In modern day Kazakhstan, the representatives of 140 ethnicities and 46 confessions live in an unbreakable unity. All of them are involved in the construction of Kazakhstan’s statehood. The peoples of many different origins glorify the Republic of Kazakhstan with their achievements. Strengthening intercultural dialogue is one of the biggest challenges of our times. All peoples have the right to freely develop their own language and culture. Any attempt to provoke conflicts on ethnic or religious grounds should be severely punished.
Peace between different peoples does not occur by itself. It is a result of thoroughly thought out and balanced policies.
In 2011, the Seventh World Islamic Economic Forum (WIEF) took place in Astana. Kazakhstan became the first Central Asian state to organize the “Islamic Davos”. At this meeting, issues concerning global economic development were addressed. I believe that the mutual adaptation of the economic systems of the East and West can provide a solid foundation for dialogue between the two civilizations.
What is your vision for Kazakhstan’s future?
We are living in exciting times, when the distance between the most audacious ideas and objective reality is shrinking at an incredible speed. It almost seems like yesterday that there was no sovereign Kazakhstan. And yet, in December 2011, the Republic will celebrate 20 years of independence.
We started to create a country from scratch, and have never been afraid to set ourselves the most ambitious objectives. Over the years, we have built a prosperous nation and a dynamic economy. Kazakhstan enjoys the respect of the international community. The prosperity of our citizens is growing. Our young capital, Astana, has become one of the most beautiful cities in Eurasia.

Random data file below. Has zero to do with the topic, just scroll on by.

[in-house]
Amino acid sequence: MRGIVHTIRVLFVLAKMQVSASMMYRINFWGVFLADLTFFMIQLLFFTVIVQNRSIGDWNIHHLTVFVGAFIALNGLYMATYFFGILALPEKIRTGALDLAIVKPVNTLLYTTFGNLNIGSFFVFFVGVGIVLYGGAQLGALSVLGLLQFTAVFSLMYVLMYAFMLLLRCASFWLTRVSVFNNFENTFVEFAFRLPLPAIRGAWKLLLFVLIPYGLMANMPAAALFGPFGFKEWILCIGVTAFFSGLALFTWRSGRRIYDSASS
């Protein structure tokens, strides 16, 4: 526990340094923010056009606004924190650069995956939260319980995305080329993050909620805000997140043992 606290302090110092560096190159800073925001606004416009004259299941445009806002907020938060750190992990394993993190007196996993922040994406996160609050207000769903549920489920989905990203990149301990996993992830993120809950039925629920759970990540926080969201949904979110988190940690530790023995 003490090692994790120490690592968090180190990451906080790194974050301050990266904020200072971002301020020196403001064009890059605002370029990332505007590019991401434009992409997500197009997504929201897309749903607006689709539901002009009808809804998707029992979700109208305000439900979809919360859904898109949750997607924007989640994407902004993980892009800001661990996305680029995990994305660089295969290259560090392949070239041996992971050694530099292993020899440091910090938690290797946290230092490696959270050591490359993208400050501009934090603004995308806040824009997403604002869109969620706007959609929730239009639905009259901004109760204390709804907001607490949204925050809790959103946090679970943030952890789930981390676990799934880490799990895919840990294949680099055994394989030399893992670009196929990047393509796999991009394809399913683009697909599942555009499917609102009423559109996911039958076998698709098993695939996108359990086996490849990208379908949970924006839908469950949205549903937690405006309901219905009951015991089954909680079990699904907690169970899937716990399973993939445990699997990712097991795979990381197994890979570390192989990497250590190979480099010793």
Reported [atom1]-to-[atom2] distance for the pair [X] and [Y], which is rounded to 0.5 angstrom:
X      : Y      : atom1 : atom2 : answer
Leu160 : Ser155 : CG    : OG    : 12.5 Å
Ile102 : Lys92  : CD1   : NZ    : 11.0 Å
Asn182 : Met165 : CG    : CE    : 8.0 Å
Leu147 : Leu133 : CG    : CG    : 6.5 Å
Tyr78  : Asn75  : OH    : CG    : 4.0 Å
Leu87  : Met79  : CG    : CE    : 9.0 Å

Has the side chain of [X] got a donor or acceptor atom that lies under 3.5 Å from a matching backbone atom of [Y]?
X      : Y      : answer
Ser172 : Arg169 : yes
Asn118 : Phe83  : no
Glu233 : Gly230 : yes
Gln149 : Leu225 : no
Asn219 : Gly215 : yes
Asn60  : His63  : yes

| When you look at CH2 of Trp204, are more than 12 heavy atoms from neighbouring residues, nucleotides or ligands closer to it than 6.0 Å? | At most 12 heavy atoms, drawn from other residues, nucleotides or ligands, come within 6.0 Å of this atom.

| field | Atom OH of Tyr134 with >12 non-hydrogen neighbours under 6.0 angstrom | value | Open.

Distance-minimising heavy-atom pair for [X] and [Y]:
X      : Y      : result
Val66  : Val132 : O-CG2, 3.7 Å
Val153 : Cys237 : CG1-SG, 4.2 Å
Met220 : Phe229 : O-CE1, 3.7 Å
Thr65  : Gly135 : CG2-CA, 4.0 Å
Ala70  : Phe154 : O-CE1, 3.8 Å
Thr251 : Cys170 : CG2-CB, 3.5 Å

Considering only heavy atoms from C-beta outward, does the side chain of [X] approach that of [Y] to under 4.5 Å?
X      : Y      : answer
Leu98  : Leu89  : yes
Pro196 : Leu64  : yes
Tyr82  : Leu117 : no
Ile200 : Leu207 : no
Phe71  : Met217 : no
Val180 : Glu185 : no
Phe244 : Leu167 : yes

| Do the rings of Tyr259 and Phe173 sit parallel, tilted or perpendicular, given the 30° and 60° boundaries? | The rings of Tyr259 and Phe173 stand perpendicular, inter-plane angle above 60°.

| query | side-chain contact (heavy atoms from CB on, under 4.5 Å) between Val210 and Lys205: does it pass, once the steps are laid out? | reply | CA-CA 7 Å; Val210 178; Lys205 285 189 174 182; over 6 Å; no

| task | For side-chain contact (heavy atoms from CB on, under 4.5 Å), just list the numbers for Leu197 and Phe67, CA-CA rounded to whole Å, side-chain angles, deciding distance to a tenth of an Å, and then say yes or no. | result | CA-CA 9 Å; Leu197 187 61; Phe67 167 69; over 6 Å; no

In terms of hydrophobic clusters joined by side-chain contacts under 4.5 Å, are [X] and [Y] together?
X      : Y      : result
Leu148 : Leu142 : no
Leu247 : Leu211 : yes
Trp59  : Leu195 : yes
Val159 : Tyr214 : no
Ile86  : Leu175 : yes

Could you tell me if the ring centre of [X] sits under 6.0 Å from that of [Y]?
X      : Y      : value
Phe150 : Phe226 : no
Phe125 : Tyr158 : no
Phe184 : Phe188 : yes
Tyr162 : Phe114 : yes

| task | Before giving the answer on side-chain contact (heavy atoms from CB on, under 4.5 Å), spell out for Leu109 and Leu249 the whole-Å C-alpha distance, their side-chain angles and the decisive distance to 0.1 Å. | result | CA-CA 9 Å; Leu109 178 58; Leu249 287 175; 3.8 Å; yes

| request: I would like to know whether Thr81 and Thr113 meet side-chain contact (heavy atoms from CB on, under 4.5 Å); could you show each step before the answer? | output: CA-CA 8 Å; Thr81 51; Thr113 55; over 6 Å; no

In 1997, we adopted the Kazakhstan Development Strategy for 2030, and since then we have consistently been achieving the objectives set down in this strategy. Our strategic priority is to diversify the economy. Within five years the share of the manufacturing sector in the structure of the country’s GDP will be no less than 12.5%. The share of non-oil exports will increase to 40%. Labor productivity will increase by a factor of 1.5 in manufacturing, and by a factor of two in agriculture.
We will carry out a fundamental modernization of the economy. We have all the necessary natural, infrastructural and, most importantly, human resources to achieve this.
In Kazakhstan the new generation born since independence has grown up. Our successes and achievements are helping to raise the self-confidence, desire for change, new victories, and achievements of Kazakhstan’s youth. Our youth are ready to continue the great cause of building a prosperous Kazakhstan.
© The Business Year